Based on statistical evaluations, a pizza restaurant on an average consumes:
All put together, it leaves us gasping for breath at the catastrophically whooping figure to deal with!
We are all the time talking about mindful eating. But mindfulness is significant only if it helps maintain both physiological and ecological equilibrium. As against a heap of cheesy pork pasta, a locally grown organic fruit or vegetable footprints far less on the carbon dioxide scale and can be sustained for longer periods as practice due to its availability, digestibility, compost-friendliness and health turnover!
On World Environment Day, put the first step forward. Stop your hands from pulling out that packet of frozen peas, visit the Sunday fruit market, ‘beef down’ you red meat consumption and instead of placing a home delivery order for your burger, walk down to the dining place tonight!
Going green puts a great responsibility on not just what goes off our plates but what touches our palate.
How often do you pinch your eyebrows and use the nearest support to get up from a grounded position? And by you, we assume, a normal 'un-ailing healthy' person. If your answer is quite often, then we have to unfortunately remove healthy from the paranthesis and all that remains is an 'unailing' not-so-healthy individual of you! Seeing young individuals unable to even get up from a chair without taking support, makes us wonder how miserably we have shelved health and fitness on the last rack of our priorities. Basic functional tasks like walking up the stairs, touching your toes or simply getting up in an upright position from a grounded one, they all pose a very important question to us: are we fit? Our strength doesn’t lie in the amount weight we plate onto the Smith machine, but in lifting our own weight with ease.
Fitness is a conglomeration of various parameters and there cannot be an isolated test to calibrate our fitness quotient, but there is one such test that has been around for a while but gained popularity in the recent times to access our basic muscle strength and coordination: The Sitting-Standing Test.
Designed in 2012 by Dr. Brazilian Claudio Gil Araújo, an exercise and sports-medicine expert, to assess muscle strength, balance and flexibility, this test evaluates your ability to sit on the floor and rise unaided, that is without using your hands, legs, elbows/forearms or knees for support. There are basically 5 ways of support we can seek during this activity: hand on floor, forearm on floor, knee on floor, side of the leg on floor and hand on the knee. You will surely relive your school days doing this because this activity comes with a scoreboard! These 5 support points form the basis of assessing your fitness level.
You are entitled to a maximum score of 10; 5 each for sitting and getting back up; and this is perhaps the only test you would have ever taken where you start with a full score, a perfect 10! But with every one support point you use, you lose a point on the your assessment sheet. Talk about reverse psychology!
Oh wait, that doesn’t end there. You can lose an additional 0.5 points for an unsteady and wobbly execution. Now talk about reverse psychology hung-over with performance pressure!
The good thing is that you are not assessed on your speed. You can choose to go slow or bolt up and down, as long as you are able to maintain your balance and not sacrifice that half a point on the altar of over-confidence!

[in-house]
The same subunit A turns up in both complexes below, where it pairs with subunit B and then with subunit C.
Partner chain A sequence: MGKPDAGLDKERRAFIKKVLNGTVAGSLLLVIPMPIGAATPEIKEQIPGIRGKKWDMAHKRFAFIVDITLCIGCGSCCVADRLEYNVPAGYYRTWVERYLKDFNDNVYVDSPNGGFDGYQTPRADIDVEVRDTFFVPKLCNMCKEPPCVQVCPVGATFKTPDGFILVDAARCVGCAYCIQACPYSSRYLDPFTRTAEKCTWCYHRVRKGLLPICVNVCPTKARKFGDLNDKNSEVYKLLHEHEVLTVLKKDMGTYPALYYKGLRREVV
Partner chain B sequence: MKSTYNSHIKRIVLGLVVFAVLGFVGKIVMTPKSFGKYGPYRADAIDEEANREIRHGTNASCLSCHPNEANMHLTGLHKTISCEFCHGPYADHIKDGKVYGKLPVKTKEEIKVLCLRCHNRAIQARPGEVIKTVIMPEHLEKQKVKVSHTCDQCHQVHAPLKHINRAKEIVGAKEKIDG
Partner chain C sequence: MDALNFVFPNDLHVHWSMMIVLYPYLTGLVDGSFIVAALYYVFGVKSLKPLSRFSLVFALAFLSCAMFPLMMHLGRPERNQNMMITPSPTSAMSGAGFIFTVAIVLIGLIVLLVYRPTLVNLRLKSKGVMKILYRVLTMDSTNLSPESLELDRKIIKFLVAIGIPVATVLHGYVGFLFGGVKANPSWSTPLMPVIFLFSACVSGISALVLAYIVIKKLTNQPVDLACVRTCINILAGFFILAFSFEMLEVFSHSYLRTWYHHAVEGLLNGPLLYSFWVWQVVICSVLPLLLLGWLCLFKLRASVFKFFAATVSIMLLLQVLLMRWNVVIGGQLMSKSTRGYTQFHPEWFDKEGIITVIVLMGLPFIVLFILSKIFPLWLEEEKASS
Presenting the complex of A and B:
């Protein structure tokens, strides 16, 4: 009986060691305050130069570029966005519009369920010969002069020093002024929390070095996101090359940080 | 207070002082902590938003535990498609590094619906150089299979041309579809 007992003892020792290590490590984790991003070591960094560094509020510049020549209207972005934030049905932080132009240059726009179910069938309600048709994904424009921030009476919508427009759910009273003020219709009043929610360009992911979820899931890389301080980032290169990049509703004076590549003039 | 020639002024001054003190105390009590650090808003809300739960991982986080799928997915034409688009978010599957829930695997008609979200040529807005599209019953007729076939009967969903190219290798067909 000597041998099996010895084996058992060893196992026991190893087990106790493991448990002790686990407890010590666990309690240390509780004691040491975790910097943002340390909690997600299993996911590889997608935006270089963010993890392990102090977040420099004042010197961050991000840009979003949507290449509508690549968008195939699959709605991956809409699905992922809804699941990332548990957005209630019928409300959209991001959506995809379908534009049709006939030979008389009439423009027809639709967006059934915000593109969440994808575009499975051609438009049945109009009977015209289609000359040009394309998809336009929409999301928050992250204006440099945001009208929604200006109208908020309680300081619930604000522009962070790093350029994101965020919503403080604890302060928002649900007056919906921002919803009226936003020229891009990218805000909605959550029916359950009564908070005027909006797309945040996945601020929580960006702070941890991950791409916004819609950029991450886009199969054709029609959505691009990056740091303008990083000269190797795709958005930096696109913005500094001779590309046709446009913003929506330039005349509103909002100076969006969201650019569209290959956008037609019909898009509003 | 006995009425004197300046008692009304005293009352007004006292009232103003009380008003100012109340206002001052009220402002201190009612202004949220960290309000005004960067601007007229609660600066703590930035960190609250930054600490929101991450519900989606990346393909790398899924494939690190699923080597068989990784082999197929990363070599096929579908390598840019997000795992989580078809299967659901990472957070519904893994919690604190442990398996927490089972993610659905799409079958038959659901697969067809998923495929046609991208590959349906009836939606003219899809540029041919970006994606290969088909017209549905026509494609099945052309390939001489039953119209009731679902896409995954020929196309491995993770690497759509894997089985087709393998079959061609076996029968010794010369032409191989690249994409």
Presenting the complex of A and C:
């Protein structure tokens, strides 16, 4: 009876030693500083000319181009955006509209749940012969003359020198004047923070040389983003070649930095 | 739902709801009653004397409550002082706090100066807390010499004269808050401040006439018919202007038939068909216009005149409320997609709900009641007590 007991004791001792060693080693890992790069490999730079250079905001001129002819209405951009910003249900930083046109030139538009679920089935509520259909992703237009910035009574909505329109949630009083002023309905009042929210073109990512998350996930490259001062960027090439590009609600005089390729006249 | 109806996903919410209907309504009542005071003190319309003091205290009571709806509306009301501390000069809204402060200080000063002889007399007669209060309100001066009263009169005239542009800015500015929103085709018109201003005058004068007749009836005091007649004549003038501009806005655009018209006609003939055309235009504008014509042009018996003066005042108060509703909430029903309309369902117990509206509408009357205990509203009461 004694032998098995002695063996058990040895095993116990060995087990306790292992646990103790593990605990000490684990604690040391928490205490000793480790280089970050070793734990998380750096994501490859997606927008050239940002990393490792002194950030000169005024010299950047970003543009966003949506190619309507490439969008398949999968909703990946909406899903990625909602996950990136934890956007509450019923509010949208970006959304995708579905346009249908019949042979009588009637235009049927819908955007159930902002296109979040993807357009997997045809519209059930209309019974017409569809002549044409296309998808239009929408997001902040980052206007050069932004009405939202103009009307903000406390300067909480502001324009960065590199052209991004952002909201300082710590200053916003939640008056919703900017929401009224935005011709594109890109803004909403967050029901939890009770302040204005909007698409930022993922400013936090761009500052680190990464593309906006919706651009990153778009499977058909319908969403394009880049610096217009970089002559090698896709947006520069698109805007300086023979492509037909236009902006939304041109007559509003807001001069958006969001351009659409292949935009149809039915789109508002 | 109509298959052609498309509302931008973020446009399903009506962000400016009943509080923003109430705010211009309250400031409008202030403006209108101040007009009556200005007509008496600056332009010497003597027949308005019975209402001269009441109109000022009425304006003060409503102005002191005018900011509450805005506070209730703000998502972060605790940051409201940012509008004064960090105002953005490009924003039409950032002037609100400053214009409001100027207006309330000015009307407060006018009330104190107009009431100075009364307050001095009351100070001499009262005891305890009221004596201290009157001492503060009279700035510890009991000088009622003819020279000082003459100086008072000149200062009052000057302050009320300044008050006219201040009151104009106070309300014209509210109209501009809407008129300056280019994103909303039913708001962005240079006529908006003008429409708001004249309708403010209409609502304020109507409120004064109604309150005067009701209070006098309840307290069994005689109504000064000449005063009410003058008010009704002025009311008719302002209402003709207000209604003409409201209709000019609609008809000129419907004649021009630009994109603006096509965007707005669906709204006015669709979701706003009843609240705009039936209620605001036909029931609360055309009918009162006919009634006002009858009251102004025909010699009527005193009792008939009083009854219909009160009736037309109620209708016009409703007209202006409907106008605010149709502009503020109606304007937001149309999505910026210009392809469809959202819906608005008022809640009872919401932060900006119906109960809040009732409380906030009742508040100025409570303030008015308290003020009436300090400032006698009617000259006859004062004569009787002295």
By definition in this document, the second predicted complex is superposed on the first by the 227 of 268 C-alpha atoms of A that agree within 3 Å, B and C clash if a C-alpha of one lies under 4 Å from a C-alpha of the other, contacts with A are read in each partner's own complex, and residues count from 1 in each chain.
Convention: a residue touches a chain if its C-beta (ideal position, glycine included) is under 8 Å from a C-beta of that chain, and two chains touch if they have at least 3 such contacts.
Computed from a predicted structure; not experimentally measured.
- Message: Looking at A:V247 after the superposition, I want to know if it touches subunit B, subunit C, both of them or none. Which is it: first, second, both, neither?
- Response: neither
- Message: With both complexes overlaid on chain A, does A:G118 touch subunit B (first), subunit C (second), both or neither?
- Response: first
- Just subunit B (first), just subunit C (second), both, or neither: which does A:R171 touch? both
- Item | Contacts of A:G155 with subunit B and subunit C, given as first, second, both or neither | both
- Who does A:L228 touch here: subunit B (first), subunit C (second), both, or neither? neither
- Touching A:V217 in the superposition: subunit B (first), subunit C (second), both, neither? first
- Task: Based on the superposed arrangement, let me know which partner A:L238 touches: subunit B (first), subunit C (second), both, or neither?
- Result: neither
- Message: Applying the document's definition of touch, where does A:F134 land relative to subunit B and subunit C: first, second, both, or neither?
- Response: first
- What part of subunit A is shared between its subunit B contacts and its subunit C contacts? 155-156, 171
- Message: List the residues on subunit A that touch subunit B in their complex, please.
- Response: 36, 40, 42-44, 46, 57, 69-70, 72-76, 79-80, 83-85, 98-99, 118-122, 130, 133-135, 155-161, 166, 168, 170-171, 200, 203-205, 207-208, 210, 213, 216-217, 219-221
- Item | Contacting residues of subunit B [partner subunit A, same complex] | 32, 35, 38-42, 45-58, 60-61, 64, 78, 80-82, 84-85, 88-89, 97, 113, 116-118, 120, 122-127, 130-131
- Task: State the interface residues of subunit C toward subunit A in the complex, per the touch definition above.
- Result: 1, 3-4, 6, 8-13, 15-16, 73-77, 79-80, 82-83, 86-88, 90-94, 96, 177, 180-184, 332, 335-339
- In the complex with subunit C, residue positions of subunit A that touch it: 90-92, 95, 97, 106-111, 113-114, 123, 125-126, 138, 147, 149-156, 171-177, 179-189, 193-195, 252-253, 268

Sitting and getting up seem almost effortless and involuntary activities, but the amount of hard-work that goes behind them, only your muscles know. And by muscles, we mean a lot of them, not just one.
The primary parts of our body that assist in sitting and standing and give us an erect posture are LEGS-our pillars, SPINE-the structural framework, and TORSO-our beam support.
Nobody is devoid of muscles. We all have every single muscle fibre genetically designed for Homo sapiens. But the strength, agility, flexibility and stability differs from one person to another. Foremost, we need to keep our muscles moving for them to function, and secondly, we need to constantly strengthen them in order to execute basic or advanced movements. Fundamental strength and functional training with or without weights, resistance exercise, yoga and cardiovascular exercises, are all essential in equity to provide strength, flexibility and balance to our body. It is incredible to see that the simplest of lifestyle activities can be such a crucial parameter to assess where we stand on our own fitness pedestral.
The Sitting-Standing test is a fantastic yardstick to assess us impartially. It may burst our bubbles and dishearten us once our scores are chalked out, but like may other touchstones life throws at us, this too shall show us the mirror and prompt us to get our shoulders to the wheels. It is undoubtedly a world full of traffic jams, unsatisfactory jobs, and relationship heartburns. But then we also see early morning walkers, laughter clubbers, gym lovers, sportspersons and yogis. For every couch potato, there is a triathlete and for every broken new year resolution, there is the new gym opening in the neighbourhood! The balance hasn’t been lost as yet. We need to derive our motivation from the active and shun passivity. Someone rightly said “If you don’t take care of your body, where will you live in?”
It is not important to be a heavy lifter, but to be functionally fit, is indispensable. So keep your muscles roaring and your SST score soaring!
Dietitian & Nutritionist Dr. Nafeesa Imteyaz.
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Dr. Nafeesa Imteyaz of First Eat Right clinic, is the Best Dietitian Nutritionist in Bangalore. Best Dietitian Nutritionist in Pune. Best Dietitian Nutritionist in Hyderabad. Best Dietitian Nutritionist in Chennai. Best Dietitian Nutritionist in Mumbai. Best Dietitian Nutritionist in Delhi. Best Dietitian Nutritionist in Kolkata.